Glycemic Index Chart
The glycemic index, or GI, is a ranking of foods based on their immediate effect on blood glucose levels i.e., blood sugar response. Foods with a high GI are those that are rapidly digested and absorbed, resulting in a spike in blood sugar levels. Low-GI foods, on the other hand, are slowly digested and absorbed, resulting in a gradual rise in blood sugar levels.
The glycemic index was originally developed as a way to help people with diabetes control their serum glucose. However, it has since become popular as a tool for anyone looking to manage their weight or improve their overall health.
There is some debate over whether or not the glycemic index is an accurate measure of how healthy a food is. However, there is no doubt that foods with a high GI can cause spikes in blood sugar levels, which can be dangerous for people with diabetes. For this reason, it is generally recommended that people with diabetes avoid high-GI foods.
Low glycemic index foods, on the other hand, are generally considered to be healthier. This is because they cause a gradual rise in blood sugar levels, which is less likely to lead to spikes. Low-GI foods are also often more filling and satisfying than high-GI foods, making them a good choice for people who are trying to lose weight.
The glycemic index is just one tool that can be used to make healthy food choices. It is important to remember that not all high-GI foods are unhealthy, and not all low-GI foods are healthy. The best way to eat for good health is to focus on eating whole, unprocessed foods that are packed with nutrients.
Glycemic index range for low, medium and high glycemic index foods.
Low glycemic index foods: 55 or less
Medium glycemic index foods: 56-69
High glycemic index foods: 70 or more
Benefits of low glycemic index foods
1. May help with weight loss: Low-GI foods have been shown to help with weight loss. One reason for this is that they help you feel fuller for longer. This is because they take longer to digest, meaning that you feel satisfied for longer after eating them.
2. May improve blood sugar control: Low-GI foods can be beneficial for people with diabetes or insulin resistance. This is because they cause a gradual rise in blood sugar levels, which is less likely to lead to spikes.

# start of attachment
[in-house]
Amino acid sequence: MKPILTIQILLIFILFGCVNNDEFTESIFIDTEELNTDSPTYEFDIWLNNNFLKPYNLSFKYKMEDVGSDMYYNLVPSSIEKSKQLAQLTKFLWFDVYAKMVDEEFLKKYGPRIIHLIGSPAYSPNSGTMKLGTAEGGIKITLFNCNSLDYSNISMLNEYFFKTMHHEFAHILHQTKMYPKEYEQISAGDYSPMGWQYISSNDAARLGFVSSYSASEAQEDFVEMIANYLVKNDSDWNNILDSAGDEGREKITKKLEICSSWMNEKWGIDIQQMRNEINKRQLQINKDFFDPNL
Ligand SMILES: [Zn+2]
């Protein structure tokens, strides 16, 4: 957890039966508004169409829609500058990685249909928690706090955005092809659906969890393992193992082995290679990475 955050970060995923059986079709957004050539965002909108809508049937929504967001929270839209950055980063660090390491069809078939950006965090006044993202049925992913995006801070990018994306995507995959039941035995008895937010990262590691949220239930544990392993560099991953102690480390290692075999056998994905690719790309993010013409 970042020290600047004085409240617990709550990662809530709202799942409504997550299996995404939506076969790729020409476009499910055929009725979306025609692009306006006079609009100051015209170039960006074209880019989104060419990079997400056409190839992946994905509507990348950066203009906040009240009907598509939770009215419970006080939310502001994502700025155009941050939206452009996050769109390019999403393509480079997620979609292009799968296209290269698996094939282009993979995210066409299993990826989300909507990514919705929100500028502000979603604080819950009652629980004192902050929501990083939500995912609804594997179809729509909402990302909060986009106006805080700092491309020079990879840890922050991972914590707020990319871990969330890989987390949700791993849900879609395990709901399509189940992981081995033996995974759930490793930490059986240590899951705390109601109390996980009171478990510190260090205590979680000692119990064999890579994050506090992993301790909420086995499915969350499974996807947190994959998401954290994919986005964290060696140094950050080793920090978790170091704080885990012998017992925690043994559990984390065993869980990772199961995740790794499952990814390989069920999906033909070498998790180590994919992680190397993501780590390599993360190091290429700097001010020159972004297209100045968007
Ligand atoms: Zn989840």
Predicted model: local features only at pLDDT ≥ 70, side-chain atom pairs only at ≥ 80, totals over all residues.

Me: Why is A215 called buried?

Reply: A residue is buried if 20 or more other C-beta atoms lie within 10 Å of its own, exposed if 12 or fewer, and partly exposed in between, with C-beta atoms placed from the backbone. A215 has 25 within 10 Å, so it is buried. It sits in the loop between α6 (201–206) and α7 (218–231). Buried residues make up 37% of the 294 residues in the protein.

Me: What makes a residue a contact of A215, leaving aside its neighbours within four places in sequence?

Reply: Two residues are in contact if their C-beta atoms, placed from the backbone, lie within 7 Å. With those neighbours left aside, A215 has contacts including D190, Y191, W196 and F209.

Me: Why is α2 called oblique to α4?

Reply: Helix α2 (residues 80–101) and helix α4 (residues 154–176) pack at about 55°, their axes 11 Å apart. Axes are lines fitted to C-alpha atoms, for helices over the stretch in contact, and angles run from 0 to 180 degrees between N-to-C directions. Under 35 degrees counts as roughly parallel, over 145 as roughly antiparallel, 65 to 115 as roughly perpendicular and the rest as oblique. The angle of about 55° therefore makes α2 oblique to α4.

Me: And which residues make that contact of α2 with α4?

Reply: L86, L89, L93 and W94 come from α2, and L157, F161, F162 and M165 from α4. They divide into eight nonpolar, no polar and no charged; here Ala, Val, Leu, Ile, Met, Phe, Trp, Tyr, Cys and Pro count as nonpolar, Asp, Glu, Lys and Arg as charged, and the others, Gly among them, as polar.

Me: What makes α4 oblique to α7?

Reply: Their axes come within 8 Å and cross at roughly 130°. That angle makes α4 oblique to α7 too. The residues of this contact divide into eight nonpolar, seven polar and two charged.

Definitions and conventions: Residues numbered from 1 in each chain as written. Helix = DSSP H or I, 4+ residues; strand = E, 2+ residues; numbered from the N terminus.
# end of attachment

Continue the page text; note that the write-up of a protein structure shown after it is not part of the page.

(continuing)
3. May reduce the risk of heart disease: Some studies have found that a low-GI diet may reduce the risk of heart disease. This may be because it helps to improve blood sugar control and because it generally involves eating more healthy, unrefined carbs.
4. May reduce the risk of cancer: Some studies have found that a low-GI diet may also reduce the risk of cancer. This may be because it helps to keep blood sugar levels under control and because it involves eating more healthy, unrefined carbs.
A list of low glycemic foods
5. Green beans
10. Brown rice
15. Sweet potatoes
16. Whole wheat bread
22. Lean meat
23. Olive oil
24. Peanut butter
26. Dark chocolate
27. Red wine
28. Black beans
30. Kidney beans
31. Navy beans
32. Pinto beans
33. Pumpkin seeds
34. Sunflower seeds
44. 100% whole grain bread
45. Air-popped popcorn
48. Chia seeds
49. Coconut water
50. Dried apricots
51. Dried figs
Low glycemic index foods are generally considered to be healthier because they cause a gradual rise in blood sugar levels, which is less likely to lead to spikes. Try incorporating some of these foods into your diet if you’re looking for healthier options!
Risks of high glycemic index foods
1. Can cause spikes in blood sugar levels: High-GI foods can cause spikes in blood sugar levels, which can be dangerous for people with diabetes. For this reason, it is generally recommended that people with diabetes avoid high-GI foods.
2. May increase the risk of heart disease: Some studies have found that a high-GI diet may increase the risk of heart disease. This may be because it leads to spikes in blood sugar levels, which can damage the arteries over time.
3. May increase the risk of cancer: Some studies have found that a high-GI diet may also increase the risk of cancer. This may be because it leads to spikes in blood sugar levels, which can promote the growth of cancer cells.
If you’re looking to cut down on high-GI foods, try avoiding processed foods such as refined carbs, sugary snacks and desserts, and anything made with white flour. Instead, focus on eating more low-GI foods, such as whole grains, fruits, and vegetables. These foods will help you feel fuller for longer and may reduce your risk of some chronic diseases.